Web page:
Architects: Vo Trong Nghia Architects
Location: Kon Tum Province, Vietnam
Architect in Charge: Vo Trong Nghia
Contractor: Wind and Water House JSC, Truong Long JSC
Area: 551.0 sqm
Project Year: 2013
Photographs: Hiroyuki Oki
From the architect. Kontum Indochine Café is designed as a part of a hotel complex along Dakbla River in Kontum City, Middle Vietnam. Adjacent to Dakbla Bridge, a gateway to Kontum City, the cafeteria serves as a breakfast, dinner and tea venue for hotel guests. It also functions as a semi-outdoor banquet hall for wedding ceremonies.
Located on a corner plot, the Café is composed of two major elements: a main building with a big horizontal roof made of bamboo structure and an annex kitchen made of concrete frames and stones.
The main building has a rectangular plan surrounded by a shallow artificial lake. All elevations are open to the air: the south facade faces the main street along Dakbla River, the east to the service street, the west to a restaurant and banquet building belonging to the hotel complex and the north to the annex kitchen which serves the Café. By providing shadow under the bamboo roof and maximizing the cool air flow across the water surface of the lake, the open-air indoor space successfully operates without using air conditioning even in a tropical climate. The roof is covered by fiber-reinforced plastic panels and thatch. The translucent synthetic panels are partly exposed in the ceiling to provide natural light in the deep center of the space under the roof.
The roof of the main building is supported by a pure bamboo structure composed of 15 inverse-cone-shaped units. The form of these columns was inspired by a traditional Vietnamese basket for fishing which gradually narrows from the top toward the base. This open structure maximizes the wind flow into the building during the summer, while resisting harsh storms during the windy season. From the Café, hotel guests can enjoy a great panoramic view of the mountains and Dakbla River framed by the bamboo arches. The bamboo columns create an inner lining giving the impression of being in a bamboo forest and show the continuity to the mountains as seen from the café.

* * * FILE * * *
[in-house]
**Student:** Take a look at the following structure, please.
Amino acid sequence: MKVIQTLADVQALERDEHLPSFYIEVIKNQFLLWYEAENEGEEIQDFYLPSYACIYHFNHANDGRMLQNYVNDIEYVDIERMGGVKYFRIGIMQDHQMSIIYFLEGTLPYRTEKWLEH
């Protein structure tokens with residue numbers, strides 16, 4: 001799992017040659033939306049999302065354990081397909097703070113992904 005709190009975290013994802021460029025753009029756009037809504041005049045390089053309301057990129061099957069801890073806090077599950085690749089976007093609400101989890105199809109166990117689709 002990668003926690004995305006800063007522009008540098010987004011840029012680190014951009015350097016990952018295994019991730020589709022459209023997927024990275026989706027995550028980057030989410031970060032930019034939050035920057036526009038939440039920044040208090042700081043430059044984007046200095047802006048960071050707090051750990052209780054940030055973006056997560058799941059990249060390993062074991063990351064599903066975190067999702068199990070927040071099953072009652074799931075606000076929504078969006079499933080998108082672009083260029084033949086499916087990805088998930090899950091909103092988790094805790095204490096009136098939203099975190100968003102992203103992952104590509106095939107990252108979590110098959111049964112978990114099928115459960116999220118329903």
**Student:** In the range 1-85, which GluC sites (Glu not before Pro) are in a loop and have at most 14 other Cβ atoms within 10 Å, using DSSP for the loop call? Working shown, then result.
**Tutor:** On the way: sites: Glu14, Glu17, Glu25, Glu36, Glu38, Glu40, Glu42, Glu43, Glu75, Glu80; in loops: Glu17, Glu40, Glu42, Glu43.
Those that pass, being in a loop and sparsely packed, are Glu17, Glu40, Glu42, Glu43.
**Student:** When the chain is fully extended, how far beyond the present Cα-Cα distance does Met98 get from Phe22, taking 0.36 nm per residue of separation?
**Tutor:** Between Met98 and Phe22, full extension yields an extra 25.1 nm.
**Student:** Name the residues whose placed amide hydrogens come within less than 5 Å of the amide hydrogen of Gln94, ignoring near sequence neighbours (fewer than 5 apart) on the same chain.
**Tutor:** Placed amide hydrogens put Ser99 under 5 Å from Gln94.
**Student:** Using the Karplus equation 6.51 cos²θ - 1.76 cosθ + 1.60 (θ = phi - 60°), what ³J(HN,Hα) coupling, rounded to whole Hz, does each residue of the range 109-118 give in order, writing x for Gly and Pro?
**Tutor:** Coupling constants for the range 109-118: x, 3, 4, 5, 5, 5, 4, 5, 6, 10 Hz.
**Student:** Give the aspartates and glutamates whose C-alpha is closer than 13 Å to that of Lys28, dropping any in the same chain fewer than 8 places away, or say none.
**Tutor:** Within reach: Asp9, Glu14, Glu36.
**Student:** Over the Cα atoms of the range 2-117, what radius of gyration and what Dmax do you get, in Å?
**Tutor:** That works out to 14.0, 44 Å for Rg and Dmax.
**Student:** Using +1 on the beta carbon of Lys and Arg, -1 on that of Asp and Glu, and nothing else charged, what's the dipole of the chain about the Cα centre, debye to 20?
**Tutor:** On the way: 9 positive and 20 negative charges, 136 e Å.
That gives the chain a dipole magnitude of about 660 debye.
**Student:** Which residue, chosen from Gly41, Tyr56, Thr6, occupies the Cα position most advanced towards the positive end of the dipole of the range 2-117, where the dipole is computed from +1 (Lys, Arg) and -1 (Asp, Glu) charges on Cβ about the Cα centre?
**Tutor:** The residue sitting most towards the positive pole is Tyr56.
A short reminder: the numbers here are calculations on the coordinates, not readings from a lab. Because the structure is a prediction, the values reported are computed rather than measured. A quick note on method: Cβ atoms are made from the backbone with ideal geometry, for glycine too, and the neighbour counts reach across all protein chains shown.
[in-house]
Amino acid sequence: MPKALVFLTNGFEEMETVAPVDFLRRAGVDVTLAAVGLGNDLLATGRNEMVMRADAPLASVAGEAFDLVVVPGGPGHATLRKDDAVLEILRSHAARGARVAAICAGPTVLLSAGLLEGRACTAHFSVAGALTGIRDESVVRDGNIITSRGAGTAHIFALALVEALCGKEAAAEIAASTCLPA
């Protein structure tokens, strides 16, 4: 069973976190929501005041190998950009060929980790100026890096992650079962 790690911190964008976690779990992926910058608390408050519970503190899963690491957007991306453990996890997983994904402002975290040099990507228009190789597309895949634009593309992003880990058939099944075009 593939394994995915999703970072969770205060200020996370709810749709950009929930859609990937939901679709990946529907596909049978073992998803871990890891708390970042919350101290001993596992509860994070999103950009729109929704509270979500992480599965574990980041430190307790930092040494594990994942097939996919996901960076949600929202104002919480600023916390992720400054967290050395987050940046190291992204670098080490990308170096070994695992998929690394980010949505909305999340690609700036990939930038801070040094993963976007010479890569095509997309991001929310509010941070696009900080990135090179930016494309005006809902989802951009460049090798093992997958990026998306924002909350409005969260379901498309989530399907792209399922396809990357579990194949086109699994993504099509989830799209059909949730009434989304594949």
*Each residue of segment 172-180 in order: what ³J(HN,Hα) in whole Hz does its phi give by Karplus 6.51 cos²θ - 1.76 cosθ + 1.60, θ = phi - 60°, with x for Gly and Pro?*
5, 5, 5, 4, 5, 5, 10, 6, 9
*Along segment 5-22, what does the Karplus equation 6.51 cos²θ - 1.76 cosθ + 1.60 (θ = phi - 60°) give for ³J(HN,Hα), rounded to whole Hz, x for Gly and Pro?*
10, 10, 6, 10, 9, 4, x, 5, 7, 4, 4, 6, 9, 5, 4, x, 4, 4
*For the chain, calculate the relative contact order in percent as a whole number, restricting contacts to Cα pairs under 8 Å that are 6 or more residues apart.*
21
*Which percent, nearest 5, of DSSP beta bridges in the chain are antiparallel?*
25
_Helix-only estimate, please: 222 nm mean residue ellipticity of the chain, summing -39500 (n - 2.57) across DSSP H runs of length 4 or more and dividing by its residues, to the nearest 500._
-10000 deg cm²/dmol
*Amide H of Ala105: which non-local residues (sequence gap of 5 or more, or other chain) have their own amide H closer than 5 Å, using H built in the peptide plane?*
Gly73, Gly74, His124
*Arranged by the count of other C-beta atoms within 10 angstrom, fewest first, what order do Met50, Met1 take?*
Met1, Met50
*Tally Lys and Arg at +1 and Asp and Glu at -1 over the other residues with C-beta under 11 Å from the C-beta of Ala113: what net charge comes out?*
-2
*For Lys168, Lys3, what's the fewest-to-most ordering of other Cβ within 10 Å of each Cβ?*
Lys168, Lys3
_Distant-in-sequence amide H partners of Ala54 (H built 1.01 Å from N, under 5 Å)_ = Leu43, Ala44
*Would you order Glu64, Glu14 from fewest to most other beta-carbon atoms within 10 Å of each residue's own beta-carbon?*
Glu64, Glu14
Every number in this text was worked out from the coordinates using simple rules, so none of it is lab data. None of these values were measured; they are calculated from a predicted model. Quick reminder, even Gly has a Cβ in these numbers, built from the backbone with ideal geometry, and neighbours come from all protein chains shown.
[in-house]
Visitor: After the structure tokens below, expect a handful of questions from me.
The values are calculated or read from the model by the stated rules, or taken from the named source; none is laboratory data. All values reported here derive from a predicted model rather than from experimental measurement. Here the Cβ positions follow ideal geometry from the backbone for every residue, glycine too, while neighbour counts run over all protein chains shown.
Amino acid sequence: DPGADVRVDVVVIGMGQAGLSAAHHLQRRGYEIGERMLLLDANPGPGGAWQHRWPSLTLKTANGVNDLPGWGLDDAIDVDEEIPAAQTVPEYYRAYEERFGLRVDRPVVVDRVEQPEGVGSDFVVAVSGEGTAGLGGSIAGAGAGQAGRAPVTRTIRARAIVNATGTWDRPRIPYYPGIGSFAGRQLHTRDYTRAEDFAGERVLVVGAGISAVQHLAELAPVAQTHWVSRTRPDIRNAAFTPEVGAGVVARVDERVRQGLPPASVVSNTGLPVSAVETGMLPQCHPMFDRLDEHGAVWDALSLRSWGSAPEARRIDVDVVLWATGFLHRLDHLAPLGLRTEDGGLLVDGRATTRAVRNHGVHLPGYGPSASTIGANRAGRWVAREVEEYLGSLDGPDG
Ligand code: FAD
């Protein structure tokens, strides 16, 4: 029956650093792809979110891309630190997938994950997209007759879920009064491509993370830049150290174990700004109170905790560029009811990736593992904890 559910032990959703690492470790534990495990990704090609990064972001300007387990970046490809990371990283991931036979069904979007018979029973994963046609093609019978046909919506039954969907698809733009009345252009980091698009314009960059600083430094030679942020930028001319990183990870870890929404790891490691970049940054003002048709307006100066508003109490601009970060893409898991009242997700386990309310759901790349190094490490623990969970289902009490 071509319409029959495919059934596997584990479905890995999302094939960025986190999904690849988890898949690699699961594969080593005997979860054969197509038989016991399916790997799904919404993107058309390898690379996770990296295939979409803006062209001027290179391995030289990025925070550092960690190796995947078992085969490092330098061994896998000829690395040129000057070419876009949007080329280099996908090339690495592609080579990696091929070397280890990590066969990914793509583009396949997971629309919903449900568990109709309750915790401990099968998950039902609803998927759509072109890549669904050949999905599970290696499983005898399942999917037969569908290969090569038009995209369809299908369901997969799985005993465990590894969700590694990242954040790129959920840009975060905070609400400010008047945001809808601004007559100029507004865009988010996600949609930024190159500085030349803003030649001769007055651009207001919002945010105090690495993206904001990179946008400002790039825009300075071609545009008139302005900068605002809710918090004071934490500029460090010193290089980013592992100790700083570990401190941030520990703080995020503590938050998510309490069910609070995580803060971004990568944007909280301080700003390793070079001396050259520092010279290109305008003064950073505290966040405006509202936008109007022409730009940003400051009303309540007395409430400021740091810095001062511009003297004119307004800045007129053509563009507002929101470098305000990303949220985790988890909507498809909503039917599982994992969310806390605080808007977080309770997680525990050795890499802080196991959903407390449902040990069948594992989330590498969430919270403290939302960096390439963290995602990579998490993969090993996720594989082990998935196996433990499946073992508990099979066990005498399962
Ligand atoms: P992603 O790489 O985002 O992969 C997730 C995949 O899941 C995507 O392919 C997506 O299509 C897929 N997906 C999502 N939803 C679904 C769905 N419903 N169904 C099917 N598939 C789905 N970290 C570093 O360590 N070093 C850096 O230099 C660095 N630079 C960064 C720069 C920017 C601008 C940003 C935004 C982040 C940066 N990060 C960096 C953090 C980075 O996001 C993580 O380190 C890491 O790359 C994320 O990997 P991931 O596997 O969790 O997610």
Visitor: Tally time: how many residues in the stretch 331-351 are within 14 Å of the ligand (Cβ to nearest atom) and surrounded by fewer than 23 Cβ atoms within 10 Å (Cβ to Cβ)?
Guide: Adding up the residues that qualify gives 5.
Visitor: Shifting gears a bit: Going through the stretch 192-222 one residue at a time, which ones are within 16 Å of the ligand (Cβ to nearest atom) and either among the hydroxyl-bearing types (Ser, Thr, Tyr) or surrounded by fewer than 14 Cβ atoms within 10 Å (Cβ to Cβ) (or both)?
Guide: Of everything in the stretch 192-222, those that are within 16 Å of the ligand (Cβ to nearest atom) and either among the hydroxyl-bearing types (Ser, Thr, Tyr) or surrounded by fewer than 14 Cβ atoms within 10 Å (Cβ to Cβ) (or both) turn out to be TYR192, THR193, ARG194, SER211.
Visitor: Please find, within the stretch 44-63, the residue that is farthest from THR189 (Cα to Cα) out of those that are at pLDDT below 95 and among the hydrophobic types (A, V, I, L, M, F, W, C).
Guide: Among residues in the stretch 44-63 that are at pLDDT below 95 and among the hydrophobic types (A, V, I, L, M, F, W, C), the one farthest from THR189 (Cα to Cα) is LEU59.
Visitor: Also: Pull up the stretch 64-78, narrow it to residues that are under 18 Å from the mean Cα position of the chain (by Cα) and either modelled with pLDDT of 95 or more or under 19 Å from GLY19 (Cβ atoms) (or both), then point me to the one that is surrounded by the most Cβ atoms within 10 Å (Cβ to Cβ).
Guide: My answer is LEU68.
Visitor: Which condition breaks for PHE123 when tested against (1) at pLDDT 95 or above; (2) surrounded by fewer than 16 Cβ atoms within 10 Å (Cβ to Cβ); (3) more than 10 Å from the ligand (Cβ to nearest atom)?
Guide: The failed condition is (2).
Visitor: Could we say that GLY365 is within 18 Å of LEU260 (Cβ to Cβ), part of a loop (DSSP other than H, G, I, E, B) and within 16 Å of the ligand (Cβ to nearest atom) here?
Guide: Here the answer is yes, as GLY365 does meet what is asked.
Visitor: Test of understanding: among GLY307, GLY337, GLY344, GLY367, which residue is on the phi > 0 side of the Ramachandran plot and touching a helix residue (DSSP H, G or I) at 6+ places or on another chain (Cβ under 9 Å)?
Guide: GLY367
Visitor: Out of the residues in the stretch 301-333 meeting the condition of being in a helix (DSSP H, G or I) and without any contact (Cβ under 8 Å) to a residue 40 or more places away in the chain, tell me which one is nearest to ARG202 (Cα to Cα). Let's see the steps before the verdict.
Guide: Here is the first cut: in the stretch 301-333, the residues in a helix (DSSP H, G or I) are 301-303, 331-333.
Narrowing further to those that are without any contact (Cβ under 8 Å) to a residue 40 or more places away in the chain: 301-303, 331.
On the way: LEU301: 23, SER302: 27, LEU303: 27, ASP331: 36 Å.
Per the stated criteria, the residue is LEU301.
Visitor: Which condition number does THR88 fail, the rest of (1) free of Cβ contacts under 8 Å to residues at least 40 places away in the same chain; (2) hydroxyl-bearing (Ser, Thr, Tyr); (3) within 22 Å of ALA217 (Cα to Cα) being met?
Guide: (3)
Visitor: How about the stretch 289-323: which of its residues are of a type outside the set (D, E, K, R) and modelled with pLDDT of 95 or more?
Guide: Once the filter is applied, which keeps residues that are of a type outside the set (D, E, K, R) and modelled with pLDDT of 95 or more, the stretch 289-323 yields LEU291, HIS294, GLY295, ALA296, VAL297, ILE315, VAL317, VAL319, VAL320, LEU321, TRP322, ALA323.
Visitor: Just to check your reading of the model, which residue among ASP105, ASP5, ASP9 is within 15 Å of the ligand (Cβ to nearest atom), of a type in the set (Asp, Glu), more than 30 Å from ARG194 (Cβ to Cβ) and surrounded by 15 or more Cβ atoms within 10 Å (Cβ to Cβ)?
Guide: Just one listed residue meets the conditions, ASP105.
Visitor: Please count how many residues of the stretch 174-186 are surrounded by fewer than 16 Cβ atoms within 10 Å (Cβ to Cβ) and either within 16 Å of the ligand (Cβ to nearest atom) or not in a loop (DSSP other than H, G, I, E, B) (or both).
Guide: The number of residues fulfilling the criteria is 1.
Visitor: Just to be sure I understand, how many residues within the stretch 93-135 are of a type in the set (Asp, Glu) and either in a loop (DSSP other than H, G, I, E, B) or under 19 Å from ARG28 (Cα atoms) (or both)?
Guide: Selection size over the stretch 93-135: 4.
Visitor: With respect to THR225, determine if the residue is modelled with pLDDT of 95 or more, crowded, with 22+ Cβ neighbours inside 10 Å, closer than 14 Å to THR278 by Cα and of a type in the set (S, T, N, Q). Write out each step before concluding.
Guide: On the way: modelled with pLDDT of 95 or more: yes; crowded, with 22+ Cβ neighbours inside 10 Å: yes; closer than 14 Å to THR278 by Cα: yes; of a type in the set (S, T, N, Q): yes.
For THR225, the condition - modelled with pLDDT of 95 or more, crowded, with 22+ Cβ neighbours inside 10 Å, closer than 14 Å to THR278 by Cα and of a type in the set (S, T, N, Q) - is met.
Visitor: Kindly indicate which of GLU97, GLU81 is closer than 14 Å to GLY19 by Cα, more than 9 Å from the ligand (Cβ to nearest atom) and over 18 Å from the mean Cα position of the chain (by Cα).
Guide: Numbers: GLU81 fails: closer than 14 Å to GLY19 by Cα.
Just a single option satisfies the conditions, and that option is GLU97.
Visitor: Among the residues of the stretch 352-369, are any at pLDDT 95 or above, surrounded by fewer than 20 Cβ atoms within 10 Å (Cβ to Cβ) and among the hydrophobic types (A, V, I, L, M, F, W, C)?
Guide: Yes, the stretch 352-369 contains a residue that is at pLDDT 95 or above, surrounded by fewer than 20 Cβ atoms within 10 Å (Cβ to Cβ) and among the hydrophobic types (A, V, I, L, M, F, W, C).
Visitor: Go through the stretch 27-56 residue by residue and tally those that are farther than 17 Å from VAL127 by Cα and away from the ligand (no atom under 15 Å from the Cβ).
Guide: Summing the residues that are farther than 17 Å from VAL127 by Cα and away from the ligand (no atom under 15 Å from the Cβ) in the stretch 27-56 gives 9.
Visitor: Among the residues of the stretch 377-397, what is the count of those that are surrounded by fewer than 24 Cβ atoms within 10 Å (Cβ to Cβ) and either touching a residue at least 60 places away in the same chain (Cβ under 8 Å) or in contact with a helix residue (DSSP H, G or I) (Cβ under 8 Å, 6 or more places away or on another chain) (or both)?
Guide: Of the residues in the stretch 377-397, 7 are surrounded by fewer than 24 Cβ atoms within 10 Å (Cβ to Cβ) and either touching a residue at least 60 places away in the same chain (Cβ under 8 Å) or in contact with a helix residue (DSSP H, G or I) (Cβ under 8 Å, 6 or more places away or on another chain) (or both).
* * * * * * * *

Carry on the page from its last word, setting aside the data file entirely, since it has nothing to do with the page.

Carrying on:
The challenge of the project is to respect the nature of bamboo as a material and to create a distinctive space unique to bamboo.
The material characteristics of bamboo are different from that of timber or steel. If the details and construction methods of timber or steel structures are applied to bamboo structures, the advantages of bamboo may be impaired. For instance, using steel joints kill the cost benefit of bamboo structures. Steel pin joint generates too much local loads which is not appropriate for bamboo, which tends to be subject to buckling.
In this context, we use traditional treatment methods (soaking in mud and smoking out) for the treatment of bamboo, and we use low-tech joint details (ratten-tying and bamboo nails), which is suitable for bamboo structures. The columns at Kontum City are prefabricated before their erection to achieve the appropriate quality and accuracy.